Biden administration still at odds with Israel over plans for Rafah invasion

Written by on April 11, 2024

A man walks past tents and shacks erected by destroyed buildings in Rafah in the southern Gaza Strip, April 9, 2024. (AFP via Getty Images)

(WASHINGTON) — Even as U.S. officials applaud Israel’s initial steps to address dire humanitarian conditions in Gaza, the Biden administration and Israeli Prime Minister Benjamin Netanyahu are still openly at odds over Israel’s planned invasion of Rafah — a military operation American diplomats and experts say would have devastating consequences for civilians sheltering in the city.

In a White House news conference Wednesday, President Joe Biden said he had been “very blunt and straightforward” in a high-stakes phone conversation with Netanyahu last week about the need to alleviate suffering in the enclave.

While the president said failing to meet his demands for dramatic improvements in humanitarian conditions in Gaza would push the administration to reconsider its policy toward Israel, he declined to answer when questioned whether he would put conditions on American military aid as leverage.

“So, we’ll see what he does, in terms of meeting the commitments he made to me,” Biden said of Netanyahu.

Officials across Washington have also been vague in their descriptions of the consequences Israel may face, but they have enumerated the changes they expected to see, including surging aid to Gaza by opening a crossing in the north and the Ashdod seaport, one of Israel’s three main ports. Other changes would include repairing water supply lines in the enclave, and creating a more effective mechanism to ensure military activities don’t endanger aid workers.

But U.S. demands related to Israel’s battle plans for Rafah are conspicuously absent from the list — beyond saying that a full-scale assault would be a “mistake” and that Israel must consider “alternatives” — which the administration has yet to publicly spell out.

Regardless of the tough talk from the White House, Netanyahu on Tuesday restated his belief that an incursion into Gaza’s southernmost city was essential.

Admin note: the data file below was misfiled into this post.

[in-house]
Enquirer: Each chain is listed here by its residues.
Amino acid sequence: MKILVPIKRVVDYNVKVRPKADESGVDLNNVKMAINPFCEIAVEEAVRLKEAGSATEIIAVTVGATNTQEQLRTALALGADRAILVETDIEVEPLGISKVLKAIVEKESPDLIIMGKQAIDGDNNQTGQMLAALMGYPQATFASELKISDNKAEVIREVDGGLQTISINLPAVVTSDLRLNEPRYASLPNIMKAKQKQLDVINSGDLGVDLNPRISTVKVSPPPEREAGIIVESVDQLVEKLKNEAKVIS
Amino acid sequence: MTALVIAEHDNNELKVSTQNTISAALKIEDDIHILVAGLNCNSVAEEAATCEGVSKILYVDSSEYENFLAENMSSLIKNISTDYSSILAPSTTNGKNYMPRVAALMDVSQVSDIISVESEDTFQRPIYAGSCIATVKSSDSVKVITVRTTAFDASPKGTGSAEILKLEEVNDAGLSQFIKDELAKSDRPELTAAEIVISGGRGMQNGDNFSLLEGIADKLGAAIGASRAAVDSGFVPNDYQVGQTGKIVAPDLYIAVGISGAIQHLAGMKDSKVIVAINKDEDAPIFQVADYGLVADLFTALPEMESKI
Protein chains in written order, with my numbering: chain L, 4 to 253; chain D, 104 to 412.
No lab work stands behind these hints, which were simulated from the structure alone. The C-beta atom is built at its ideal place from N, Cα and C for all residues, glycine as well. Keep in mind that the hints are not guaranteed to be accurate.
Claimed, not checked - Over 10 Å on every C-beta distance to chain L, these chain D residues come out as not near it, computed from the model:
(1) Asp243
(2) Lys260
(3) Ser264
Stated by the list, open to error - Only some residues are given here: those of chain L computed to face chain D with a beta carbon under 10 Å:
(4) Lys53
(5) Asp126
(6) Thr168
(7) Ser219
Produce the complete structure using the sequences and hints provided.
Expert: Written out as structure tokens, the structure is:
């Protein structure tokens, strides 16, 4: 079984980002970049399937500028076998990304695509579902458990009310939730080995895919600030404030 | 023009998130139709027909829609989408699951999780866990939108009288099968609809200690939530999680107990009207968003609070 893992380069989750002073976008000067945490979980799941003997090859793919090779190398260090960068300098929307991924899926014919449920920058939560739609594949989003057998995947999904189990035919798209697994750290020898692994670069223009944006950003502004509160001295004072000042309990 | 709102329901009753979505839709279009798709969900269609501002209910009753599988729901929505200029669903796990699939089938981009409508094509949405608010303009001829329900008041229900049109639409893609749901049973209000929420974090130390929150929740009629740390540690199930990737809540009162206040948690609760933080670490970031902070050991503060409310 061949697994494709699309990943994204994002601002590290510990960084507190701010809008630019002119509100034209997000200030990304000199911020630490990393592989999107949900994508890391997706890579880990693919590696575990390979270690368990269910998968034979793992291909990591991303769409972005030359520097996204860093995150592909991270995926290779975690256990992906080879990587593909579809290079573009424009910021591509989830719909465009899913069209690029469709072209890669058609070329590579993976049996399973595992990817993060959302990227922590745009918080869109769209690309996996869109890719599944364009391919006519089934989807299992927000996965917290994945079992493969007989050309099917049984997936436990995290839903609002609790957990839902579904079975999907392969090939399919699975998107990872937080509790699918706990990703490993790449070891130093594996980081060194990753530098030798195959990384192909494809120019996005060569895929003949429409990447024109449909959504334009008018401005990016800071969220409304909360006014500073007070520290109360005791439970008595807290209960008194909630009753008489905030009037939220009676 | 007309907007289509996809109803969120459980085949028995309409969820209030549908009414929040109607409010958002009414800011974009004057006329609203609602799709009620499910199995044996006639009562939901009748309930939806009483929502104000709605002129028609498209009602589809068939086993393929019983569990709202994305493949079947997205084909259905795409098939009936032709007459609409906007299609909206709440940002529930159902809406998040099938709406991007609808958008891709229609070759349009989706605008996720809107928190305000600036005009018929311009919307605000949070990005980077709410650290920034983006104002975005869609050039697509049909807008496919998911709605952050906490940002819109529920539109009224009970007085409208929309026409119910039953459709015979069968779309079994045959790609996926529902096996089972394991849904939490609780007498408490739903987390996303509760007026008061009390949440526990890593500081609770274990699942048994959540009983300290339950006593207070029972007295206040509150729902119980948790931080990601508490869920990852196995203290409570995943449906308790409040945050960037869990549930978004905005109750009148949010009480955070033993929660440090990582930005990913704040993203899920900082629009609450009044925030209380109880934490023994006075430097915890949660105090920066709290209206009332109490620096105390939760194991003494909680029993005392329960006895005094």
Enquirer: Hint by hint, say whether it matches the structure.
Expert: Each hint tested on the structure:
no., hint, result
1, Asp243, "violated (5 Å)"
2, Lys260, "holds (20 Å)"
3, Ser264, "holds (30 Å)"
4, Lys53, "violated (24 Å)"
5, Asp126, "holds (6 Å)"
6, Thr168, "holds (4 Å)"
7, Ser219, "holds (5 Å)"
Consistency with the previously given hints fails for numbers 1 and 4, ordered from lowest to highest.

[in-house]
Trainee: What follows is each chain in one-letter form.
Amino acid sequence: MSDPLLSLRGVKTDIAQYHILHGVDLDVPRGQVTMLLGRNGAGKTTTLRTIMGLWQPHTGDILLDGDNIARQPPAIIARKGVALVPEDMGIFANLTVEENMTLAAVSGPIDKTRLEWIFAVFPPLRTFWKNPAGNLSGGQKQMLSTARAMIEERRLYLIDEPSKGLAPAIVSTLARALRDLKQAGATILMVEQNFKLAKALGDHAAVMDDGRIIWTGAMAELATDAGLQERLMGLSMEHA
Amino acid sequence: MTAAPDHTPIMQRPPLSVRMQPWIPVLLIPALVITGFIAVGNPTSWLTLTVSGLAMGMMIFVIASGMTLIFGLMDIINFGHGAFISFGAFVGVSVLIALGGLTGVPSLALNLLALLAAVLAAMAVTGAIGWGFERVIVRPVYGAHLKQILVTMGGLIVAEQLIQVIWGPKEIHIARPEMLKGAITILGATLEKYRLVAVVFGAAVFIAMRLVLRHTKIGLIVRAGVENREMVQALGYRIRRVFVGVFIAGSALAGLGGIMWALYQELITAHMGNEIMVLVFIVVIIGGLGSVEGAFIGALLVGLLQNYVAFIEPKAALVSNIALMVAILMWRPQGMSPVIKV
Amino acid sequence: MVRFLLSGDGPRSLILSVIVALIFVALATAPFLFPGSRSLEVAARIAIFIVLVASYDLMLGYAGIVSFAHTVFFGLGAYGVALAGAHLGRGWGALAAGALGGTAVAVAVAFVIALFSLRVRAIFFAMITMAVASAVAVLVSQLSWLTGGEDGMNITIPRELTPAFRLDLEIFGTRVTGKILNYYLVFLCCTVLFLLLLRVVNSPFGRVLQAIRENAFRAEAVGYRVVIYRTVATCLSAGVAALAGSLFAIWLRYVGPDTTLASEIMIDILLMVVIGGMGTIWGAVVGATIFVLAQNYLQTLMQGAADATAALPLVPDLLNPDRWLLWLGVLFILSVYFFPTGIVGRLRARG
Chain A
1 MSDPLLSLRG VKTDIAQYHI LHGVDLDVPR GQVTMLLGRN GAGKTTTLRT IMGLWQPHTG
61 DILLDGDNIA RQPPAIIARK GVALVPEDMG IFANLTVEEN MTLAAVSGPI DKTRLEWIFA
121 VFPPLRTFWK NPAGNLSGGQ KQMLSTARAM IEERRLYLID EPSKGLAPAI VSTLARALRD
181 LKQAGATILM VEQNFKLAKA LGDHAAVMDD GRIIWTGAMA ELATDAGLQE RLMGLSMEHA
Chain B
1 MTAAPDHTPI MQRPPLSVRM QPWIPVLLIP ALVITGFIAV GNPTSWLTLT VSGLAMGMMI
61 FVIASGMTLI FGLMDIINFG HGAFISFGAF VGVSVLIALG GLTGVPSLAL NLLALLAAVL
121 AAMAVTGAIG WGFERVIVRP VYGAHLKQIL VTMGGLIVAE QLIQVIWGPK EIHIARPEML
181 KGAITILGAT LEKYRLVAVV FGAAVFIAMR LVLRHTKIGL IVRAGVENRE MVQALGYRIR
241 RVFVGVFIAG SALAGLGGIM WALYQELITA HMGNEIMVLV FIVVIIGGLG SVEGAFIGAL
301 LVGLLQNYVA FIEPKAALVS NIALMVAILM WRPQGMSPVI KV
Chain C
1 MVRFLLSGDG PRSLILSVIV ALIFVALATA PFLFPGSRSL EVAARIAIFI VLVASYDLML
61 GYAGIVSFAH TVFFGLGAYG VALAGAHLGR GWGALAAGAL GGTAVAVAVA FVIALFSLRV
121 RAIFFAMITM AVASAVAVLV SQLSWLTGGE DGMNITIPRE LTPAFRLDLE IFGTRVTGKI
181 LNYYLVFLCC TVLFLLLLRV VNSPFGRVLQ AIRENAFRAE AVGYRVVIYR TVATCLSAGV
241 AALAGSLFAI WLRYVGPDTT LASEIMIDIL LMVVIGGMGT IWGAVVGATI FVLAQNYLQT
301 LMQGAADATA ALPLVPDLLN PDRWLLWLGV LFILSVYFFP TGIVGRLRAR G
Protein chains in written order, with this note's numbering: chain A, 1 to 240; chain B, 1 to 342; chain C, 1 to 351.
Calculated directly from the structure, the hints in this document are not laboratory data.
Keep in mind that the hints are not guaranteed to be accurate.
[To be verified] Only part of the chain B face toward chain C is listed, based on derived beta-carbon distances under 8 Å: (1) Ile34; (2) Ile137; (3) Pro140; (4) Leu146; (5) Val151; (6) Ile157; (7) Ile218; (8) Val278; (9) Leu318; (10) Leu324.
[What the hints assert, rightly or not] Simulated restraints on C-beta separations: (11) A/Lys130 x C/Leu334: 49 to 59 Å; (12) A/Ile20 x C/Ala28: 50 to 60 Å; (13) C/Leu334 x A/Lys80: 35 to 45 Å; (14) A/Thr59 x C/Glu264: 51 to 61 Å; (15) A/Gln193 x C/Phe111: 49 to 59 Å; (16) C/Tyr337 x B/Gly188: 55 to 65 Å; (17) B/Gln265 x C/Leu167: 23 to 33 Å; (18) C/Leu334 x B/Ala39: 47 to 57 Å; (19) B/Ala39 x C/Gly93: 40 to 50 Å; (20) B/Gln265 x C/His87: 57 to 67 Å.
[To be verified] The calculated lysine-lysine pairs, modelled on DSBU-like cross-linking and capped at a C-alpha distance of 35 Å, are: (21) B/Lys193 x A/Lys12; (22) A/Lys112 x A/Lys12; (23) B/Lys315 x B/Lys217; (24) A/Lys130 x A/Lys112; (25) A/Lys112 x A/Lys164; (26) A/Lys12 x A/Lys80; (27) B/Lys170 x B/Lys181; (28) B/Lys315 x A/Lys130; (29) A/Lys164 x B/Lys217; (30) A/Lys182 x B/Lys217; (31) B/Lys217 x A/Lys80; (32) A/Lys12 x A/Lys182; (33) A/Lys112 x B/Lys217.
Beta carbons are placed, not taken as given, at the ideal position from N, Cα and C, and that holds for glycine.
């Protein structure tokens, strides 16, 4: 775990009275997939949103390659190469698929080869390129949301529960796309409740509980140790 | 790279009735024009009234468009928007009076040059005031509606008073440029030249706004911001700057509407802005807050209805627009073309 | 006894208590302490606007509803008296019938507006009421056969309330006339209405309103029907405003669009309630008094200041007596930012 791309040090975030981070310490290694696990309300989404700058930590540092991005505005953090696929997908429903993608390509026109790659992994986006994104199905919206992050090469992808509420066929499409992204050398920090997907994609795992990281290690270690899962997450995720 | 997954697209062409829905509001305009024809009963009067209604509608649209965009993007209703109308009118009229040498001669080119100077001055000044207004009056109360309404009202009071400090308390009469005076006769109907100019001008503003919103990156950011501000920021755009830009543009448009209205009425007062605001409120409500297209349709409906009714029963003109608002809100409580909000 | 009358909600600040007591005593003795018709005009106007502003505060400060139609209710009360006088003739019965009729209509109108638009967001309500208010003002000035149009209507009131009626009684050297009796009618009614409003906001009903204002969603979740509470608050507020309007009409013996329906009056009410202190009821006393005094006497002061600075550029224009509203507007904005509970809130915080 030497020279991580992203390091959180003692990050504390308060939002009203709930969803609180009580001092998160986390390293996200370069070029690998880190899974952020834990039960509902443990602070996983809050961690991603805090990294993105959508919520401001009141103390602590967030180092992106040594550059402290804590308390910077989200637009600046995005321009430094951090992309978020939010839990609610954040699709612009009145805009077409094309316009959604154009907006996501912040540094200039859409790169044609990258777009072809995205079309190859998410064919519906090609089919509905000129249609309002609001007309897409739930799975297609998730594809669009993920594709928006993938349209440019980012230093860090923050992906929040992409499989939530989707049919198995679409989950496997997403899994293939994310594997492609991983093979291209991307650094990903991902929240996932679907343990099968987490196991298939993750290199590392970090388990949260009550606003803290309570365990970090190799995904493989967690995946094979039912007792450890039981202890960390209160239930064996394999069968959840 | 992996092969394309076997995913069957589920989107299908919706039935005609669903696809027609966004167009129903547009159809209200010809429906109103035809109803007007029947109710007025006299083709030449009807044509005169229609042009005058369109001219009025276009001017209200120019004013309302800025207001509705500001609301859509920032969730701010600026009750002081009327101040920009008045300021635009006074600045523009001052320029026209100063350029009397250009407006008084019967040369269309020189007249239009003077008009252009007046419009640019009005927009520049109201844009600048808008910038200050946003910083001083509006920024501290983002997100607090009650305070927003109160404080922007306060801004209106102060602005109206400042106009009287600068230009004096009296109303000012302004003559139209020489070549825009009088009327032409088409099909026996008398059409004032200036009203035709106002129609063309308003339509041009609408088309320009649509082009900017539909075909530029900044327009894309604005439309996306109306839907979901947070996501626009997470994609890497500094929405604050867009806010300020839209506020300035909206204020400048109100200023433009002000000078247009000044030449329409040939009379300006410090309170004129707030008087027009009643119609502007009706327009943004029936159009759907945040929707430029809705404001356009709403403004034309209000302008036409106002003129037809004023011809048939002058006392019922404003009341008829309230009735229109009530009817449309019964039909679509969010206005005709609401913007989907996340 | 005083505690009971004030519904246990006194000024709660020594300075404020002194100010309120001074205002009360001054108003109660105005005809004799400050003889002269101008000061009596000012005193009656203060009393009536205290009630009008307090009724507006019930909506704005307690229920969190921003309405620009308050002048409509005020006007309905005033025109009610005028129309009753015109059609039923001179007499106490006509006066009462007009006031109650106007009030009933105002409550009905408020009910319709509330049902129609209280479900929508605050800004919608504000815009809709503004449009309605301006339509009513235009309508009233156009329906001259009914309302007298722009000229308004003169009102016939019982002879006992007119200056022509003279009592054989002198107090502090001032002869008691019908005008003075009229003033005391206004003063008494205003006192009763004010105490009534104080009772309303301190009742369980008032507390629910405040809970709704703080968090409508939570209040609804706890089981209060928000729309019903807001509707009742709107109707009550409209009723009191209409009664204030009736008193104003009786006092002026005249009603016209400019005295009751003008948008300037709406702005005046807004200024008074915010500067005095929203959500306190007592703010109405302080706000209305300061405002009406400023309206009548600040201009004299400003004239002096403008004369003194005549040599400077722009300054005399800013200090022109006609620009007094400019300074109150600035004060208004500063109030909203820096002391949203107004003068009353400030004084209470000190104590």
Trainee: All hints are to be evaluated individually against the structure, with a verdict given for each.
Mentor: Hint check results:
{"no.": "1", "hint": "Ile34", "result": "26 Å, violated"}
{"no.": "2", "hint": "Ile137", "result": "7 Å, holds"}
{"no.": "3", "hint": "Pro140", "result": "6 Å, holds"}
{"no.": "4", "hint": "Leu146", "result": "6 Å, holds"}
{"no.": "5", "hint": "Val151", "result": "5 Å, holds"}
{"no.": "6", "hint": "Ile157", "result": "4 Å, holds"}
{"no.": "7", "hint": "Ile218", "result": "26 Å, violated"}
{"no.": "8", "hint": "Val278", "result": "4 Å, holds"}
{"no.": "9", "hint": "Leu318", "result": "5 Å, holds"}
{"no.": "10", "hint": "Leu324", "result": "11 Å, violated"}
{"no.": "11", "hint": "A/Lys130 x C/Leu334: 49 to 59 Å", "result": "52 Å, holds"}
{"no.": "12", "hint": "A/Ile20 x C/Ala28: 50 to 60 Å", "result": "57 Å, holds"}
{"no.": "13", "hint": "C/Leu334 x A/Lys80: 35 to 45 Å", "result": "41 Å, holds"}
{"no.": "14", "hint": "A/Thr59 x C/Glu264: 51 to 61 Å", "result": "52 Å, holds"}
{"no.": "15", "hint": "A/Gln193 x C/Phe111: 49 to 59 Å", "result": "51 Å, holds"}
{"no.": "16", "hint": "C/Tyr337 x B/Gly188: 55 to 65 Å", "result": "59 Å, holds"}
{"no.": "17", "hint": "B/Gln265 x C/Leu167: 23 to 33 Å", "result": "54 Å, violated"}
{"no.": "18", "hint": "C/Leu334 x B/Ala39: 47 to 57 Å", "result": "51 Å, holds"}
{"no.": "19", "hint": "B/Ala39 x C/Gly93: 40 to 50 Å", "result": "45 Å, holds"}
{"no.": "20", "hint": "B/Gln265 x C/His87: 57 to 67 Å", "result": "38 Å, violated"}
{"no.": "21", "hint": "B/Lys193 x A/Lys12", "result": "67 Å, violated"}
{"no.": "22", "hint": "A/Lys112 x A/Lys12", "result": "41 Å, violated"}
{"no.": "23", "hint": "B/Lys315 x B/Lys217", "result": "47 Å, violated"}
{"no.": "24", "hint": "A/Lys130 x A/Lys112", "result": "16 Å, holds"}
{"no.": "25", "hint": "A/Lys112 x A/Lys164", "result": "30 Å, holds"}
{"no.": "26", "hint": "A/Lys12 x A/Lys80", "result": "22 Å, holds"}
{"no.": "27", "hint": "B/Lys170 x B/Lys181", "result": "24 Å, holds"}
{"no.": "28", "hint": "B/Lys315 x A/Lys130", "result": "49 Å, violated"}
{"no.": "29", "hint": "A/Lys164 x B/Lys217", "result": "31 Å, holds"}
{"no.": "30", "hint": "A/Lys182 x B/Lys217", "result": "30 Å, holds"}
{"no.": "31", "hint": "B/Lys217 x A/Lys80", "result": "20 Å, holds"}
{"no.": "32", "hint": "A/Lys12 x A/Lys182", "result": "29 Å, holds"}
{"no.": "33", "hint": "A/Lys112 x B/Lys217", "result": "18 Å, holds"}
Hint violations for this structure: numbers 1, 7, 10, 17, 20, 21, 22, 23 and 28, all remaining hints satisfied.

“This victory requires entry into Rafah and the elimination of the terrorist battalions there. It will happen. There is a date,” he asserted.

U.S. officials have said Israel hadn’t shared any new information on timing.

“No, we do not have a date for any Rafah operation — at least one that’s been communicated to us by the Israelis,” Secretary of State Antony Blinken said during a news conference on Monday. “On the contrary, what we have is an ongoing conversation with Israel about any Rafah operation.”

As part of those continuing talks, Blinken also said an Israeli delegation is expected to travel to the U.S. next week for meetings and that their discussion would include what the administration’s ideas are for alternative approaches for rooting out Hamas fighters in the area.

“I don’t anticipate any actions being taken before those talks. And for that matter, I don’t see anything imminent–but there is a lot of work to be done,” Blinken predicted.

“The president has been very clear about our concerns — our deep concerns about Israel’s ability to move civilians out of harm’s way, to care for them,” Blinken said.

In an interview taped last week — before his call with Netanyahu — that aired late Monday, Biden seemed to go even further than he did in his conversation with the prime minister by publicly urging Israel to implement a six-to-eight-week cease-fire to allow food and medicine to be distributed through Gaza.

Negotiators have been trying to secure a prolonged truce in exchange for the more than 120 hostages still inside the enclave.

While the president and members of his Cabinet have repeatedly declared a deal is within reach, some U.S. officials are privately much more pessimistic — doubtful that Hamas would agree to anything short of an arrangement that allows the group to retain power over Gaza.

The U.S. is also doubtful that Hamas can fulfill the requirements for the deal currently on the table, which calls for the release of 40 captives who are women unaffiliated with the Israeli military, children, individuals who are older than 50 or sick, according to a source familiar with the negotiations.

Paul Salem, the president and CEO of the Middle East Institute, argues that an Israeli offensive in Rafah will only diminish prospects for an agreement — as well as those for peaceful resolution to the conflict.

“Whether Israel takes Rafah or not, the longer-term strategic dilemma for the Jewish state will largely be the same,” Salem said. “Hamas as a movement will still exist. It can organize a long-term insurgency if Israel plans to maintain a full occupation of Gaza for the foreseeable future, or it can seek to rearm and regroup over time.”

Salem says that ending the war will depend on diplomats’ ability to forge a political path forward that includes Israel, the Palestinian Authority, Arab countries, the U.S. and the international community.

“All of that will only be made harder if tens of thousands more Palestinians are killed in conflict or extinguished by famine and disease,” he said.

Copyright © 2024, ABC Audio. All rights reserved.

Current track